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Mining Project: Coal Mine Safety Applications of Seismic Monitoring

NOTE: This page is archived for historical purposes and is no longer being maintained or updated.
Principal Investigator
  • Peter L. Swanson, NIOSH, 509-354-8072
Start Date10/1/2010
End Date9/30/2015
Objective

To implement in-mine seismic monitoring techniques in coal mines to evaluate and demonstrate potential mine safety benefits of this technology. These benefits include use of the resulting data for improved ground control hazard management, rock mass modeling, and mine and support design practices in deep coal environments.

Topic Areas

Research Summary

Sudden, brittle failure of highly stressed ground around deep underground coal mines can drive ground falls, coal bursts, bumps, and even sudden collapse of large mine areas. The collapse at Crandall Canyon Mine in 2007 is a notable example. In many instances, failures occur well away from the perimeter of the mine opening and can involve geologic structures that may not be known to miners. Loading of these structures may cause cracking, failure, or caving, which can generate seismic signals that can be monitored, measured, and interpreted. The interpretation of these data combined with other tools (e.g., core testing), can be used to help identify potentially dangerous instabilities. This approach is routinely employed in deep metal mines in countries including South Africa, Canada, Australia, and the United States. It is also employed in some deep European longwall coal mines.

Despite the successful use of seismic monitoring in mines, technical obstacles have limited their application in deep coal mines in the United States to a small handful of experimental installations. Research under this project sought to overcome these obstacles and bring this hazard identification tool into the mainstream of coal mine safety systems. This objective was one of several recommendations made by NIOSH in a report to Congress in response to the Crandall Canyon coal mine collapse.

This project had four research aims:

  1. Implement a seismic monitoring system at cooperating mines to evaluate sensor density and distribution requirements for resolving event locations on different structurally important features.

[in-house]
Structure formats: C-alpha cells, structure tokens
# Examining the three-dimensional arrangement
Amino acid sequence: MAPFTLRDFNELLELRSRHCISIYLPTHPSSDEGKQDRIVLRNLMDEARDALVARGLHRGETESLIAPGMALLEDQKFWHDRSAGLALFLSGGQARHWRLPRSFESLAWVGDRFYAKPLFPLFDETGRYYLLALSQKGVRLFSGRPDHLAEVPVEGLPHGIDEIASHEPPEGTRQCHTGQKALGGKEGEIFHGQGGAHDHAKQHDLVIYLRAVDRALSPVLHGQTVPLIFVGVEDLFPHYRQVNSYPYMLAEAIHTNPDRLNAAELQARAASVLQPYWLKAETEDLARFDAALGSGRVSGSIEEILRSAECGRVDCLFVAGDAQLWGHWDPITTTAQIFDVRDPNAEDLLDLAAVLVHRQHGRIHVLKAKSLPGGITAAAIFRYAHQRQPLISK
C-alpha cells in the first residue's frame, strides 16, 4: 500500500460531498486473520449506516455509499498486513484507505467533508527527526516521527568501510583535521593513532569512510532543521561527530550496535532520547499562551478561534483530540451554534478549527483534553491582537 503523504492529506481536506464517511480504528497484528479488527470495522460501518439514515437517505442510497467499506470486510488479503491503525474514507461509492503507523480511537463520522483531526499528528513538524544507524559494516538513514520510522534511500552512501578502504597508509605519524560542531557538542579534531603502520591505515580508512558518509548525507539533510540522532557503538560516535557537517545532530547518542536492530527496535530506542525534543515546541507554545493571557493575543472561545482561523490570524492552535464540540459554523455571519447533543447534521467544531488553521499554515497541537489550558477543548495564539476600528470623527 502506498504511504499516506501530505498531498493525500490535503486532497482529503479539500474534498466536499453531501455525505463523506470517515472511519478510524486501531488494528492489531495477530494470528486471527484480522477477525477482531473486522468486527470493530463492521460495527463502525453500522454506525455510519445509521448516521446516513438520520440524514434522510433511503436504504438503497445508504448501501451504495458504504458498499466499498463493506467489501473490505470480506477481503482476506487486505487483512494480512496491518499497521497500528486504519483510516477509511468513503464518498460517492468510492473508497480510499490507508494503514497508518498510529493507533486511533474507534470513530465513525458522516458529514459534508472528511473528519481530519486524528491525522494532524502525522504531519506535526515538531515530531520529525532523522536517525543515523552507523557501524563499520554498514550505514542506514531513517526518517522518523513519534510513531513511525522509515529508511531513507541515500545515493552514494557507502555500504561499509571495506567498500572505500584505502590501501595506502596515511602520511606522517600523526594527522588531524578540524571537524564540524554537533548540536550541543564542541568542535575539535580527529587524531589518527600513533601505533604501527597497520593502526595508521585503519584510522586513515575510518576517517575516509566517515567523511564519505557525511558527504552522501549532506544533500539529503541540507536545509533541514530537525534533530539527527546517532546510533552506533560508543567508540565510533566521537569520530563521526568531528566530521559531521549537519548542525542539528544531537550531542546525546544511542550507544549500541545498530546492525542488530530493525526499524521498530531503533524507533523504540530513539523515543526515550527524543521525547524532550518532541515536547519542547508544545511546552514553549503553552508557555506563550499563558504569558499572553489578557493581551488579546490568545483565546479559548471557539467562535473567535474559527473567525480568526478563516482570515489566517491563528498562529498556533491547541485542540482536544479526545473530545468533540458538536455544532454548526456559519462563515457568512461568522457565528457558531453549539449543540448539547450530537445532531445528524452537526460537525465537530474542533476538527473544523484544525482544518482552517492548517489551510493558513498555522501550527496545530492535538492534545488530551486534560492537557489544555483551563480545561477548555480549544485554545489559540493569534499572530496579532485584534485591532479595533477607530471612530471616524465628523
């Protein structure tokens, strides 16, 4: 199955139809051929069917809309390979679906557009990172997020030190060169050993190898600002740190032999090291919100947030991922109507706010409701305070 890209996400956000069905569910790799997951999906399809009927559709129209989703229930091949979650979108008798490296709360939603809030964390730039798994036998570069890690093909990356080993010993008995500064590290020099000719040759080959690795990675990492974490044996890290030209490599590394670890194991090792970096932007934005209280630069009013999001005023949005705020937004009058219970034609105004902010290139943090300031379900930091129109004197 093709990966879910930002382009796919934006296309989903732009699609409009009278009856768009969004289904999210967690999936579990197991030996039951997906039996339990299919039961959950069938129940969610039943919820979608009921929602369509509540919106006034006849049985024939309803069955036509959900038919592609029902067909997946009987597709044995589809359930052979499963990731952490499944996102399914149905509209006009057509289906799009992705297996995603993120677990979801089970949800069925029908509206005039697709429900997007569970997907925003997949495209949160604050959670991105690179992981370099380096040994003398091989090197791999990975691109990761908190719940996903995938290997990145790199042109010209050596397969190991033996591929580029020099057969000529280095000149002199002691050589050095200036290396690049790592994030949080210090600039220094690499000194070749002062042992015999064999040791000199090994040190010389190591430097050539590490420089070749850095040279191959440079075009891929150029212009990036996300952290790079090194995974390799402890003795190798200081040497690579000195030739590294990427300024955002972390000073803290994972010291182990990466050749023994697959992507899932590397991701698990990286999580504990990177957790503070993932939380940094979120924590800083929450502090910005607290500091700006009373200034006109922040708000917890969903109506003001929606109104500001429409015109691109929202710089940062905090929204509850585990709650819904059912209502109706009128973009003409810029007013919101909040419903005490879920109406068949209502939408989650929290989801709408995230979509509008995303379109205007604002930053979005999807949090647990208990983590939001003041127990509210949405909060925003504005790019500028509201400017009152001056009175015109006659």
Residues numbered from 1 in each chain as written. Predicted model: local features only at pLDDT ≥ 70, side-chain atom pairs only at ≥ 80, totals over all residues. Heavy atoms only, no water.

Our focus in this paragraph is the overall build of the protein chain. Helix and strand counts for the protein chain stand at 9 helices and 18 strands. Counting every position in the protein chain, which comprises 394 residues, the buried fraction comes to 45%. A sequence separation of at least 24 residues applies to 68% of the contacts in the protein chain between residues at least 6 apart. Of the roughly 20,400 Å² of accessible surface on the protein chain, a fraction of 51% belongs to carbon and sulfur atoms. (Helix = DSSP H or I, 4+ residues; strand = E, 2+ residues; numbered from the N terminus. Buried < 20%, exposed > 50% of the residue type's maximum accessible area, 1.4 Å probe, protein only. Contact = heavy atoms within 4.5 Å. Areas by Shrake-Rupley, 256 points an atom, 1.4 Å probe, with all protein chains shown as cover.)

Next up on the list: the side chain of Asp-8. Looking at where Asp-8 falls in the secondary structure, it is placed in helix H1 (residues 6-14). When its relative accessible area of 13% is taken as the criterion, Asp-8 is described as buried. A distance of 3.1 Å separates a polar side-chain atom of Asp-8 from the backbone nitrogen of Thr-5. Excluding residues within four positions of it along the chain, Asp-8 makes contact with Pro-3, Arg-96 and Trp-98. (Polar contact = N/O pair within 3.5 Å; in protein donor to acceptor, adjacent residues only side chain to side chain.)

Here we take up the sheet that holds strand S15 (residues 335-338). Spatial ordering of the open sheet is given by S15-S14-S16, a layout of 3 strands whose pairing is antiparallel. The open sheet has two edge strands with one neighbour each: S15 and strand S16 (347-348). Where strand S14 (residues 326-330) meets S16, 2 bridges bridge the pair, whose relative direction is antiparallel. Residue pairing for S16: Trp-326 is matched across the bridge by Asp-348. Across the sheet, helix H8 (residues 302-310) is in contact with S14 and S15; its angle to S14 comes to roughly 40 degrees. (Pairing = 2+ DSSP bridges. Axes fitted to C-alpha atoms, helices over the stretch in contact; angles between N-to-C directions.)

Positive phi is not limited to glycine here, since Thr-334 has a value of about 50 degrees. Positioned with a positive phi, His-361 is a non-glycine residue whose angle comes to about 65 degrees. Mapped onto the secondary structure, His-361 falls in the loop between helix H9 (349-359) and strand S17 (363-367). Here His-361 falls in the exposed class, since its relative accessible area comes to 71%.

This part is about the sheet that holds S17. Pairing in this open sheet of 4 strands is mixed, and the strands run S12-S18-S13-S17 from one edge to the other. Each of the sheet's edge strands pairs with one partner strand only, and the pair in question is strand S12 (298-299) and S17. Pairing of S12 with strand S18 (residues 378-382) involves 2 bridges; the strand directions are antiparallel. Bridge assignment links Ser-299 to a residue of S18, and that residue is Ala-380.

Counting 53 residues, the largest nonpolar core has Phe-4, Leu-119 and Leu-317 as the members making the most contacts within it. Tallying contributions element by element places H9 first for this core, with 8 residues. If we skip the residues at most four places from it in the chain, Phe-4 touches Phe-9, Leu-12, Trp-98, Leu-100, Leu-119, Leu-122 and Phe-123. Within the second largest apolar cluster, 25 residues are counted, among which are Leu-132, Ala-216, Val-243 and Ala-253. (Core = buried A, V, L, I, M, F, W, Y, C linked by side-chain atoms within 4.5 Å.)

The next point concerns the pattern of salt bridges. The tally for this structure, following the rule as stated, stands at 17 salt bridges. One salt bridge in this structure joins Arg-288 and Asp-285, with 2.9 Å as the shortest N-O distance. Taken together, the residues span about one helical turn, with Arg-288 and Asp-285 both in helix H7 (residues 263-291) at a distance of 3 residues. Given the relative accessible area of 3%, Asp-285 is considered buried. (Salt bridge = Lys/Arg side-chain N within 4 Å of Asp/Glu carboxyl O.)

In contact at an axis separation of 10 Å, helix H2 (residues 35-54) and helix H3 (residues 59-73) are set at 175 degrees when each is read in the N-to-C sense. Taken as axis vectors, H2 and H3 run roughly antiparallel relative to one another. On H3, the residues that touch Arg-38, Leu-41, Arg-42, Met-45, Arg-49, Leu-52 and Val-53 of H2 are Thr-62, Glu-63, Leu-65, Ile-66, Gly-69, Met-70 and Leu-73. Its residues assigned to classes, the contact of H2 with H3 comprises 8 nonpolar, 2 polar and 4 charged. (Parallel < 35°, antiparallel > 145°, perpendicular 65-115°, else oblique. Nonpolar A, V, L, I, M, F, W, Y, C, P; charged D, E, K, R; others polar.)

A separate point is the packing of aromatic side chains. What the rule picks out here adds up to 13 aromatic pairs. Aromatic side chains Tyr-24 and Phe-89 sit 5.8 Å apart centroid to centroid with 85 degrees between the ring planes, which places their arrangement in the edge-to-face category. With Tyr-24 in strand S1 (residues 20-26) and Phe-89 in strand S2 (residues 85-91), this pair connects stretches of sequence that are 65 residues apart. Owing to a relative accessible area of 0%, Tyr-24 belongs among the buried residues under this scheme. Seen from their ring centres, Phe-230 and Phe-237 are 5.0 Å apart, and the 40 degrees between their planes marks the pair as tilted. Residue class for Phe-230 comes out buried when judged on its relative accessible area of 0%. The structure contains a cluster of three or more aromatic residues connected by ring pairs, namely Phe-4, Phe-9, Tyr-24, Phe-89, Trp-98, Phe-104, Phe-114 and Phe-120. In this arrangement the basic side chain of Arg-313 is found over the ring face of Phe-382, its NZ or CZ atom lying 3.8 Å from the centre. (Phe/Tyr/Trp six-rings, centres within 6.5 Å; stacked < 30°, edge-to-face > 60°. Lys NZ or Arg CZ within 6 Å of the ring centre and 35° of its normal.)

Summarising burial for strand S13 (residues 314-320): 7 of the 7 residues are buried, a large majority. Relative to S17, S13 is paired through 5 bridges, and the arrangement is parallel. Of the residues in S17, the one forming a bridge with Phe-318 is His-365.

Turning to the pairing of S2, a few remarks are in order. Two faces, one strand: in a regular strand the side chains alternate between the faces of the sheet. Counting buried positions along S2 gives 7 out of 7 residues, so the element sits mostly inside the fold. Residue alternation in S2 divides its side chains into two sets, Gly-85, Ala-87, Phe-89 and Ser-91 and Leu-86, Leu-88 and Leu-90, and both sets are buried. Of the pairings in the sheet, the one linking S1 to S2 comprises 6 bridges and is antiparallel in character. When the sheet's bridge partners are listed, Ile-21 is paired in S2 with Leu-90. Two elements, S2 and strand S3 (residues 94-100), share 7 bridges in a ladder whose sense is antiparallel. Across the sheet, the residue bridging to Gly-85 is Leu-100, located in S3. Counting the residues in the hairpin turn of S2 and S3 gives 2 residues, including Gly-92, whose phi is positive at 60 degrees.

2. Characterize seismic response associated with key deformation processes (caving, bridging, pillar deformation, etc.) in the instrumented mines.
  3. Quantify observed seismic response with stress and deformation predicted by numerical models.
  4. Use seismic data to evaluate mine design performance and critical design assumptions.

A variety of approaches to implementing seismic monitoring in deep coal mines was demonstrated. These methods were tailored to specific monitoring objectives and range from simple and inexpensive to costly and complex.  In one collaborating fast-moving deep longwall coal mine, a microseismic monitoring system was adapted to  include both surface stationsand underground stations. The system successfully collected a wealth of data including seismic data sequences occurring in conjunction with three damaging rockbursts. Analyses of these data sets indicated the ability to track large-scale ground movements in ways currently unattainable by other methods. To establish sufficient confidence to use such observations as the basis for mitigation actions, independent confirmation of data interpretation with, for example, simultaneous rock mechanics measurements, and more field trials, was needed.

Limitations on event location accuracy were shown to restrict the ability to apply this data in certain applications. Standard location methods utilizing homogeneous layered velocity models appear satisfactory for accomplishing objectives where the demands on location accuracy are not stringent, including awareness of ground response, and documentation of seismic activity.  When the objective is to resolve microseismic activity on particular mining or geological structures, it is necessary to consider using a more realistic 3D heterogeneous model.  

Attempts to calibrate and constrain numerical models with ground deformation behavior observed visually with rock mechanics measurements and microseismic event distributions demonstrated the major role that geology plays. More complete information on geologic structure and strata material properties and constitutive laws are needed in current models to characterize deformation response in these environments.

With improvements in implementing 3D velocity models, real-time analysis and display of microseismic event locations has the potential to become a key element of a system for continuous mine-design performance assessment.

Data sets collected during both rockbursting and trouble-free mining conditions continue to be analyzed to find the best approaches to identifying and assessing ground failure risks in the Detecting and Managing Dynamic Failure of Near-Seam Features in Coal and Nonmetal Mines project.


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